The UK government will allow fracking in national parks and heritage sites in “exceptional circumstances,” say new guidelines. Around half of the UK is now open to shale gas exploitation, despite growing public concern over the environmental impact.
Under the banner “all out for shale,” the UK government is opening up vast swathes of the British countryside to companies, who will extract fossil fuels from deep under the ground through the controversial process of hydraulic fracturing. Bidding opened in Britain on Monday for companies looking to exploit shale gas resources.
Companies who are granted a license will be required to apply for planning permission and environmental permits before they can begin extraction of shale gas.
Environmental groups have slammed the process as detrimental to the environment as it can contaminate water supplies and cause small earthquakes.
"Today the risk of fracking has spread. This threat to the environment and public health could now affect millions more people,” said Friends of the Earth's energy campaigner Tony Bosworth to Sky News.
Ministers said they have tightened regulations on drilling in areas of natural beauty, national parks and national heritage sights with a view to appeasing environmental groups. The new rules will require companies to submit a “comprehensive and detailed” environmental statement if they want to frack in one of these areas, and ministers will reserve the right to veto plans.
"The new guidance published today will protect Britain's great National Parks and outstanding landscapes, building on the existing rules that ensure operational best practices are implemented and robustly enforced," business and energy minister Matthew Hancock said.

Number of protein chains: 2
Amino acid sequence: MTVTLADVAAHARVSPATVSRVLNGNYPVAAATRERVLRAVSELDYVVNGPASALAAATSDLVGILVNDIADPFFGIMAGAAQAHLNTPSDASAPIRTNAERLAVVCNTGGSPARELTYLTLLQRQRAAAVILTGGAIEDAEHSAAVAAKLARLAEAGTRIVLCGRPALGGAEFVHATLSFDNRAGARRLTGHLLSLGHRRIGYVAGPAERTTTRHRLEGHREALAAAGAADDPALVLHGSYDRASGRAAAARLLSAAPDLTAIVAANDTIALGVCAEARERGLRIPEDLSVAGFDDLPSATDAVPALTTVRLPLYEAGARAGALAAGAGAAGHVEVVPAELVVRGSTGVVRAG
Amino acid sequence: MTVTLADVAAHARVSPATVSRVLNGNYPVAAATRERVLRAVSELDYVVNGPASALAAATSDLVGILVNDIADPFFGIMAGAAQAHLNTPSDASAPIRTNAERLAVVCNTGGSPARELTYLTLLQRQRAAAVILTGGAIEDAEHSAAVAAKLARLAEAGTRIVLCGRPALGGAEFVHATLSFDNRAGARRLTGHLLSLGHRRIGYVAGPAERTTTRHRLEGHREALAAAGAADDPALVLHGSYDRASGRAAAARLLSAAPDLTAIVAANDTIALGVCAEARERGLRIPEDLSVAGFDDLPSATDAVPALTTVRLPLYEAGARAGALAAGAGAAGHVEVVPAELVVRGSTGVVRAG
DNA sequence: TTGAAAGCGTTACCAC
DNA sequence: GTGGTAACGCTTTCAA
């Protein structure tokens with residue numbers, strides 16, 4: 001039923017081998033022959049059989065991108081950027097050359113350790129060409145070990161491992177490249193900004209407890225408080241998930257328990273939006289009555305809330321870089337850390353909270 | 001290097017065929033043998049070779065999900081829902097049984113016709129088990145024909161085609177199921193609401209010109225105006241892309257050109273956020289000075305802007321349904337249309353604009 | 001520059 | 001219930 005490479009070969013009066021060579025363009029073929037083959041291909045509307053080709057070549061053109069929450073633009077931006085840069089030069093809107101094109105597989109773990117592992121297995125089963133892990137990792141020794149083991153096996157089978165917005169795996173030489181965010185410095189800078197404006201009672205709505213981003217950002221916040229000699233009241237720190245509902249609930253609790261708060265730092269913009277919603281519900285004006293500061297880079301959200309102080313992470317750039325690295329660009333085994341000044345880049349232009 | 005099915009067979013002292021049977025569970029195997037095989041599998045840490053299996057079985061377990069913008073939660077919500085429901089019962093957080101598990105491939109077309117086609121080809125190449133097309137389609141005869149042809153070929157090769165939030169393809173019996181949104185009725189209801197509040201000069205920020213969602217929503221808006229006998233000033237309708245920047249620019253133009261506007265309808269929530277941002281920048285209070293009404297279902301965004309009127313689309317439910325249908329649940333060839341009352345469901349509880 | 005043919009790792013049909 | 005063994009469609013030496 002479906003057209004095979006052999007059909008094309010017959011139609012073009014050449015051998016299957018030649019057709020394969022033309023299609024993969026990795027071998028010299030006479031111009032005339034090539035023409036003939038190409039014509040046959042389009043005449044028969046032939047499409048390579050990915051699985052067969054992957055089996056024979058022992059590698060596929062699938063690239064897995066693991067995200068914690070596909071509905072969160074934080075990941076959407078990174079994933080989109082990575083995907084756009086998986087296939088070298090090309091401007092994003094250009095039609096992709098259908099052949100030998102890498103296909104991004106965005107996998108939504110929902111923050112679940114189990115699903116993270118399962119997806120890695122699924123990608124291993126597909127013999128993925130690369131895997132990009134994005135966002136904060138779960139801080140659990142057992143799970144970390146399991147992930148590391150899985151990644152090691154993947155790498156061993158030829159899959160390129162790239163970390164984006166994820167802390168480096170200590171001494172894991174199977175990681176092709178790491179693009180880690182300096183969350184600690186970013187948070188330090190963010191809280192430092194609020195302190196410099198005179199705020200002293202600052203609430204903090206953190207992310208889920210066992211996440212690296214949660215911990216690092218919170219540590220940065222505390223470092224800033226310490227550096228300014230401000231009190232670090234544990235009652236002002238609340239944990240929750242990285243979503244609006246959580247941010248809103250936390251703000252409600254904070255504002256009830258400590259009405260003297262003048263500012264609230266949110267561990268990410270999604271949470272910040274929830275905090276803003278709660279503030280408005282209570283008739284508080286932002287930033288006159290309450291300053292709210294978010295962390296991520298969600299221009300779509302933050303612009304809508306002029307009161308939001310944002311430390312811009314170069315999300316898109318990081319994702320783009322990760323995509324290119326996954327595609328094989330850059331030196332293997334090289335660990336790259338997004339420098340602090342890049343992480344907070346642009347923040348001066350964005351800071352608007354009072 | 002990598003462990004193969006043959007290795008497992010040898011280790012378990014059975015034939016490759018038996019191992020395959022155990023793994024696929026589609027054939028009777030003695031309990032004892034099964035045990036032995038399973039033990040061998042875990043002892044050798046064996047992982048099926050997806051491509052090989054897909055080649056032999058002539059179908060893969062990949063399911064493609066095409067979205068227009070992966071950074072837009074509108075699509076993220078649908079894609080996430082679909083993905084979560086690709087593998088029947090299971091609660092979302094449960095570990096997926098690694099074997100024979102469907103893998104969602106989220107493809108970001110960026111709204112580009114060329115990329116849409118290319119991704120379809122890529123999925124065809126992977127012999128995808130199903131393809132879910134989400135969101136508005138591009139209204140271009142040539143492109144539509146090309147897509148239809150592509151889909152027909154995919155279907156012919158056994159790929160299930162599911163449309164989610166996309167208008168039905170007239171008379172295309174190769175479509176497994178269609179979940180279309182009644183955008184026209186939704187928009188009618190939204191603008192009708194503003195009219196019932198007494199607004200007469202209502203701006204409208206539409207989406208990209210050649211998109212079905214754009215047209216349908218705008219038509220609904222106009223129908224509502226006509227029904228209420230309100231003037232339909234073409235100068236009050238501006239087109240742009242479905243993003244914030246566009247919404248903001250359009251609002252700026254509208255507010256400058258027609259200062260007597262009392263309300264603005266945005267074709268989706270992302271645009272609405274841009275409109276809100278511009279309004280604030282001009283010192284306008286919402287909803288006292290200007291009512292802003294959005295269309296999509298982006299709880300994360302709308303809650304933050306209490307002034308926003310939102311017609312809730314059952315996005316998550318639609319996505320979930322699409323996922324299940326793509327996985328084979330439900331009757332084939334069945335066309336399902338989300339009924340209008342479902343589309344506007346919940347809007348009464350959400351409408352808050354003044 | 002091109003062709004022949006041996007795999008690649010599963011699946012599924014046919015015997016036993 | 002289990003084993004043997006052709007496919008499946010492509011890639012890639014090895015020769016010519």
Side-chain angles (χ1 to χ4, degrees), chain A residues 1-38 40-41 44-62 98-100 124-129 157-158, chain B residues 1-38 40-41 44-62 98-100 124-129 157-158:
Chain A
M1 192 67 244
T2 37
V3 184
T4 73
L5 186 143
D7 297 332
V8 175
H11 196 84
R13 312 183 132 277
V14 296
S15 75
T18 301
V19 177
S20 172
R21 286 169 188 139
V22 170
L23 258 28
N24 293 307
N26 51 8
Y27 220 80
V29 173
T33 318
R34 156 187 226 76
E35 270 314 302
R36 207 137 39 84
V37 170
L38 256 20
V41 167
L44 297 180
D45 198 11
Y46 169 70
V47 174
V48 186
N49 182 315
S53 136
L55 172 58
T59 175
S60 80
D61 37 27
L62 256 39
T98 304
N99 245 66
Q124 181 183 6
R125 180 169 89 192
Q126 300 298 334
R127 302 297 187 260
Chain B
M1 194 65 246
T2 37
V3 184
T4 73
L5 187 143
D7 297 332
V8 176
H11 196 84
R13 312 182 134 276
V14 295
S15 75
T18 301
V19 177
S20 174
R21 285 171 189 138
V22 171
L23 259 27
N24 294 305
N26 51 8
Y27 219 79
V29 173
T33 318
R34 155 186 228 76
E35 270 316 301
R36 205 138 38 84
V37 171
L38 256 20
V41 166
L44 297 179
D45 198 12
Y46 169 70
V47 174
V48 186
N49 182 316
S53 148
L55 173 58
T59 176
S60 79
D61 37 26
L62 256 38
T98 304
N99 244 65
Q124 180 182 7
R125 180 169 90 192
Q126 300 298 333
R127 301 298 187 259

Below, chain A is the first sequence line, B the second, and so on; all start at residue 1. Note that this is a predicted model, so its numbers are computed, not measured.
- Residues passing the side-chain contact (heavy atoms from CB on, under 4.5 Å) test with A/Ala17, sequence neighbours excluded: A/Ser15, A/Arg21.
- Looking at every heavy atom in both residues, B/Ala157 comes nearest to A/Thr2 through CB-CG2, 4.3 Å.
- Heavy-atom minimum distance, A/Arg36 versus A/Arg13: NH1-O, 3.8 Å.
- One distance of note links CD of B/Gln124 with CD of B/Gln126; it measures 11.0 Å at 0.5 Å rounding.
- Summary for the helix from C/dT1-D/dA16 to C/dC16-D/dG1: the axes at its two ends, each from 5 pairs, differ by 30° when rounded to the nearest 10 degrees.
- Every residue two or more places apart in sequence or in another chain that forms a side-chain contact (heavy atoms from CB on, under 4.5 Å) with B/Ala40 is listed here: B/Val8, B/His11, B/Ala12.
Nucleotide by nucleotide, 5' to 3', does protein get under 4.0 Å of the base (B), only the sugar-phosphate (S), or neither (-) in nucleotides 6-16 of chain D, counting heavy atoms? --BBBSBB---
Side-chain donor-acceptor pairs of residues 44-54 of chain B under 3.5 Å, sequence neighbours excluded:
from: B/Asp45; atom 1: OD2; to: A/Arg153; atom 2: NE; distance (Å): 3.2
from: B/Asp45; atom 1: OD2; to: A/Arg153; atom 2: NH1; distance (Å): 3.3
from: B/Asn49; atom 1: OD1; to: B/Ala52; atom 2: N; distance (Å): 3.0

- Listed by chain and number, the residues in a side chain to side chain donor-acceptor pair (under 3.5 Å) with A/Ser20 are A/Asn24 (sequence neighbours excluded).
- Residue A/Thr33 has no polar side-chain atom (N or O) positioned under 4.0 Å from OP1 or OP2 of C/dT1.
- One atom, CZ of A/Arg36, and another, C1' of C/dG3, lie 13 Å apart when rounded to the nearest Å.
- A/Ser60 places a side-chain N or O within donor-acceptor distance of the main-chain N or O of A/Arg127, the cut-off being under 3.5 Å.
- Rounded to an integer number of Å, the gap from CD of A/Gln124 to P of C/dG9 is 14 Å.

However, Greenpeace UK remains unconvinced by the conservative government’s gesture, maintaining MPs’ veto power will do little “to quell the disquiet of fracking opponents across Britain.”
The process of fracking entails injecting water and other chemicals at extremely high pressure into fissures in rock thousands of feet underground to release trapped reserves of shale gas and oil. The practice was banned in Britain in 2011 following two small earthquakes in northwestern England close to where test drilling was being conducted by Cuadrilla. A subsequent investigation by the company revealed the tremors were “most likely” caused by hydraulic fracturing.
Prime Minister David Cameron’s conservative government has sought to allay environmental fears, claiming that safety measures will minimize damage. It has also championed fracking as an answer to unemployment and skyrocketing energy prices.
"Ultimately, done right, speeding up shale will mean more jobs and opportunities for people and help ensure long-term economic and energy security for our country,” said Minister Hancock.
The British Geological Survey estimates there is a potential 1,300 trillion cubic feet of shale gas in the North of England, 10 percent of which is exploitable. Local communities have mounted a number of protests against test drilling in their areas and decried the practice of fracking.